The comment follows press reports on 18 October that the cabinet had approved the award of the 25-year deal to develop the field – the country’s biggest – to a consortium of China National Petroleum Corporation (CNPC) and BP. Cabinet approval is the final hurdle before the contract can be awarded. The deal was approved by the country’s oil ministry on 8 October.

BP says that the deal is yet to be formally completed, however. “We welcome the reports and we expected this but we have not yet received direct confirmation of the deal,” says a BP spokesman. “The contract is yet to be signed.”

The Rumaila oil field was handed to the BP-led consortium on 30 June, the only license to be awarded during the country’s first international bid round for oil and gas fields in almost 40 years. In order to secure the deal, the partners had to accept compensation of $2 for every barrel of oil they produce, half the $3.99 a barrel they had offered.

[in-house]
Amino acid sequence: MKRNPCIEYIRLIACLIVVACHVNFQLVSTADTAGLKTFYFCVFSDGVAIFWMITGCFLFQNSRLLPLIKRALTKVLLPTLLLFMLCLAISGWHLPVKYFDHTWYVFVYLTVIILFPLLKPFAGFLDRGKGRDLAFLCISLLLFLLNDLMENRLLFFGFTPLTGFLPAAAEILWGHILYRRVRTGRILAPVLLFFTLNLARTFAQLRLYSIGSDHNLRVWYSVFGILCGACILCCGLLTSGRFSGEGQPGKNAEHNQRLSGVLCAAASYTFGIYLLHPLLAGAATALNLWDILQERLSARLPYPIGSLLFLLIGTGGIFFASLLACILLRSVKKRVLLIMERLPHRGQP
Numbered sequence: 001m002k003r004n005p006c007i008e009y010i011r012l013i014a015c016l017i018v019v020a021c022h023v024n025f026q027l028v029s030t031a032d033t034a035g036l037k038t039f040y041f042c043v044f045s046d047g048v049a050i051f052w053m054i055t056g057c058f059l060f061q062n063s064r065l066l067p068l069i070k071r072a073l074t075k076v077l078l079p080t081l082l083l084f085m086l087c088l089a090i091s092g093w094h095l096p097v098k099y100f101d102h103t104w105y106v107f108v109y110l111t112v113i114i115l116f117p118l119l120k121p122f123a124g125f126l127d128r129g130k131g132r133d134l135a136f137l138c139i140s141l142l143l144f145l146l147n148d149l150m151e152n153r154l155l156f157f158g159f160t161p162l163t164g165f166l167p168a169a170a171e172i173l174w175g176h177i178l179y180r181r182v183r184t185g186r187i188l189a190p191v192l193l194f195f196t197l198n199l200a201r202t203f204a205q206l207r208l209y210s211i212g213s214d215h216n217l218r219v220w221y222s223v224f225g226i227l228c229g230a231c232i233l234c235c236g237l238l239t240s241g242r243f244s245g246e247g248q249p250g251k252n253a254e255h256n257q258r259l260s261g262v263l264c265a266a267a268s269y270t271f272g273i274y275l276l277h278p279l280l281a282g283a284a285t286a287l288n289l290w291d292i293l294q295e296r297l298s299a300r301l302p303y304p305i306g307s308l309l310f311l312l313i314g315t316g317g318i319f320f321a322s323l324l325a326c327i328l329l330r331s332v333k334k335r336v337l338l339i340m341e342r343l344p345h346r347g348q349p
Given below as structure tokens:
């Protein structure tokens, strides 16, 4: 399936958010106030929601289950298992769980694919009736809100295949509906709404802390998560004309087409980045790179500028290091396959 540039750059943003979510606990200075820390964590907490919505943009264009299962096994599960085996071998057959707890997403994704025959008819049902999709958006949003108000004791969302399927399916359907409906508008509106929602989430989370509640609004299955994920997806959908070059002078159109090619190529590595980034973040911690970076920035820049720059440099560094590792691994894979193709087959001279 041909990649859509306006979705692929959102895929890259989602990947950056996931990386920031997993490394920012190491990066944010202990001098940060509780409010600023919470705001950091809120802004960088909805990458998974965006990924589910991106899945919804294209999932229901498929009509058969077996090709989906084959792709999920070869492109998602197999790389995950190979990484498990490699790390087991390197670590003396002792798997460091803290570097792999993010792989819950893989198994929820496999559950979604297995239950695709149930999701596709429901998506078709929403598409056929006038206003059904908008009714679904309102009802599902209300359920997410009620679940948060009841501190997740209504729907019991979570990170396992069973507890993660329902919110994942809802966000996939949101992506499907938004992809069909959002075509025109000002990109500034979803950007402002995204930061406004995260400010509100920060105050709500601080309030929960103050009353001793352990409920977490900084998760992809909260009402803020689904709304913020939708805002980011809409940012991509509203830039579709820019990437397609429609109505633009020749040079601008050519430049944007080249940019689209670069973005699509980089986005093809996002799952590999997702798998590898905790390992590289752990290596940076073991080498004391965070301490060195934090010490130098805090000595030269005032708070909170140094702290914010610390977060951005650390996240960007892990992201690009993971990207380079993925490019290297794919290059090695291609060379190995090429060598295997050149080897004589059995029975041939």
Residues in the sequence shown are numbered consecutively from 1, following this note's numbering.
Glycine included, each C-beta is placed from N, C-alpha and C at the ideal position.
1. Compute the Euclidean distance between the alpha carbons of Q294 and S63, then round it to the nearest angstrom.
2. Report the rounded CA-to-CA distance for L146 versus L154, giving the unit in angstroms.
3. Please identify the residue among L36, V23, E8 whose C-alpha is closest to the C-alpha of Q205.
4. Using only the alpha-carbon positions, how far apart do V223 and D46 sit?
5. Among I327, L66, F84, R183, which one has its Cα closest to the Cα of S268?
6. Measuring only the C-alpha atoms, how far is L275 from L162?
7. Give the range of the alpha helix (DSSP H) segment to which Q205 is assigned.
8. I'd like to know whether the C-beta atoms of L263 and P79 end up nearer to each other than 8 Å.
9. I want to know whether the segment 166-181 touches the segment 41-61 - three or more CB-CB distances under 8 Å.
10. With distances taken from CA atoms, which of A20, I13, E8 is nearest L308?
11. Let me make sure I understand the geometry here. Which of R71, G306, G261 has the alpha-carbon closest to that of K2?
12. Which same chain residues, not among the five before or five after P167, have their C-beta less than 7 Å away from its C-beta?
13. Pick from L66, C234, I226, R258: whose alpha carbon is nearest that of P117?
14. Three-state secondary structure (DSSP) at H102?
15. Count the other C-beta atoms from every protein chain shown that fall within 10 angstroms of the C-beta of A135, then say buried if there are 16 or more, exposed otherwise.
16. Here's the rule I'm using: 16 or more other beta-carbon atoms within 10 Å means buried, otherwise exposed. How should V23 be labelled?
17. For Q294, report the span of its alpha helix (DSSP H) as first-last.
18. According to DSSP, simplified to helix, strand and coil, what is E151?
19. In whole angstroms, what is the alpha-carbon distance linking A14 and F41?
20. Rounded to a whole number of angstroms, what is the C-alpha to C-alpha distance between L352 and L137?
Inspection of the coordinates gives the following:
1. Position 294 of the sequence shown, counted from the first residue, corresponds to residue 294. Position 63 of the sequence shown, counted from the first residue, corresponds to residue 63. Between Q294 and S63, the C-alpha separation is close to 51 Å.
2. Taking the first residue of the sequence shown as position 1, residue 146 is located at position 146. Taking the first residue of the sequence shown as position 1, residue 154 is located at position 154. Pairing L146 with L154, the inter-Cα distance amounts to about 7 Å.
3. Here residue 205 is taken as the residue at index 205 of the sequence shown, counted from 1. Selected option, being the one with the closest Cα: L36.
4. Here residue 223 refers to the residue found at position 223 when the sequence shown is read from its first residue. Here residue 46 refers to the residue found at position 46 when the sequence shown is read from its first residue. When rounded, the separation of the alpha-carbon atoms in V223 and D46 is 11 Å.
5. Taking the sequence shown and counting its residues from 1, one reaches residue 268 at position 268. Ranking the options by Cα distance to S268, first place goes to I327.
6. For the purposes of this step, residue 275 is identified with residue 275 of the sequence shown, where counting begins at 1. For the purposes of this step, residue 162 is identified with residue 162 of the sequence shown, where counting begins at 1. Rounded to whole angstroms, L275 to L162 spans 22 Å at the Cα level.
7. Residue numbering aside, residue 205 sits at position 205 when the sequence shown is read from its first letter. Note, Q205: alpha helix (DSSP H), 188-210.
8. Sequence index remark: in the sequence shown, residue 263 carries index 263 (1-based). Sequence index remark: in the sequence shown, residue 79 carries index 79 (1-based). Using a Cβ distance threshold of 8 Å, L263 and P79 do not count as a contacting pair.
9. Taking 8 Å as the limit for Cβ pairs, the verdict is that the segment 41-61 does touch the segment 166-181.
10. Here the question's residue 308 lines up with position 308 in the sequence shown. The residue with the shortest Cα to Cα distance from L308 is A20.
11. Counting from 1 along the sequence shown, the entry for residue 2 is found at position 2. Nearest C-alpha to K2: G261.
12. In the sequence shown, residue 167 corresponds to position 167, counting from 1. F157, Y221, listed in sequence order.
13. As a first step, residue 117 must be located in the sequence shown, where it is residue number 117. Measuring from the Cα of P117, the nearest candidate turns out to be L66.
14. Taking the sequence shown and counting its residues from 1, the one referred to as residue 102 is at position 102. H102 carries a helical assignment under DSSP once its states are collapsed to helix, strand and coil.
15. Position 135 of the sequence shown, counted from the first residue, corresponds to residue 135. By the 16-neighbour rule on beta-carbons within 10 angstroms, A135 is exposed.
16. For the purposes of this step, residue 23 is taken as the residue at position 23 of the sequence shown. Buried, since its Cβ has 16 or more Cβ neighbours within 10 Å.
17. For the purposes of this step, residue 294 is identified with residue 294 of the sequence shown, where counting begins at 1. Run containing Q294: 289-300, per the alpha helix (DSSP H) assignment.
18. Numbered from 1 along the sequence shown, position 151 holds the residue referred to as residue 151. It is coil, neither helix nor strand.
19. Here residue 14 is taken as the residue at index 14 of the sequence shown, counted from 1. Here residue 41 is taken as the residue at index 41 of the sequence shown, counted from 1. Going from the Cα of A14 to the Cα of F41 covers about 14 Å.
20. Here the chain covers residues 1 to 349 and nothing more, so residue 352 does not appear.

The oil ministry set its minimum production target for the Rumaila field at 1.75 million b/d, up from about 950,000 b/d currently. BP expects to triple output from the field to 2.85 million b/d within seven years, using the low-cost model of its Chinese joint venture partner.

Italy’s Eni announced on 13 October that it had been awarded a deal to develop Iraq’s giant Zubair oil field along with the US’ Occidental Petroleum Corporation and South Korea’s Korea Gaz Corporation. The field currently produces 190,000 barrels a day (b/d). The consortium partners hope to produce 1.125 million barrels a day by 2016.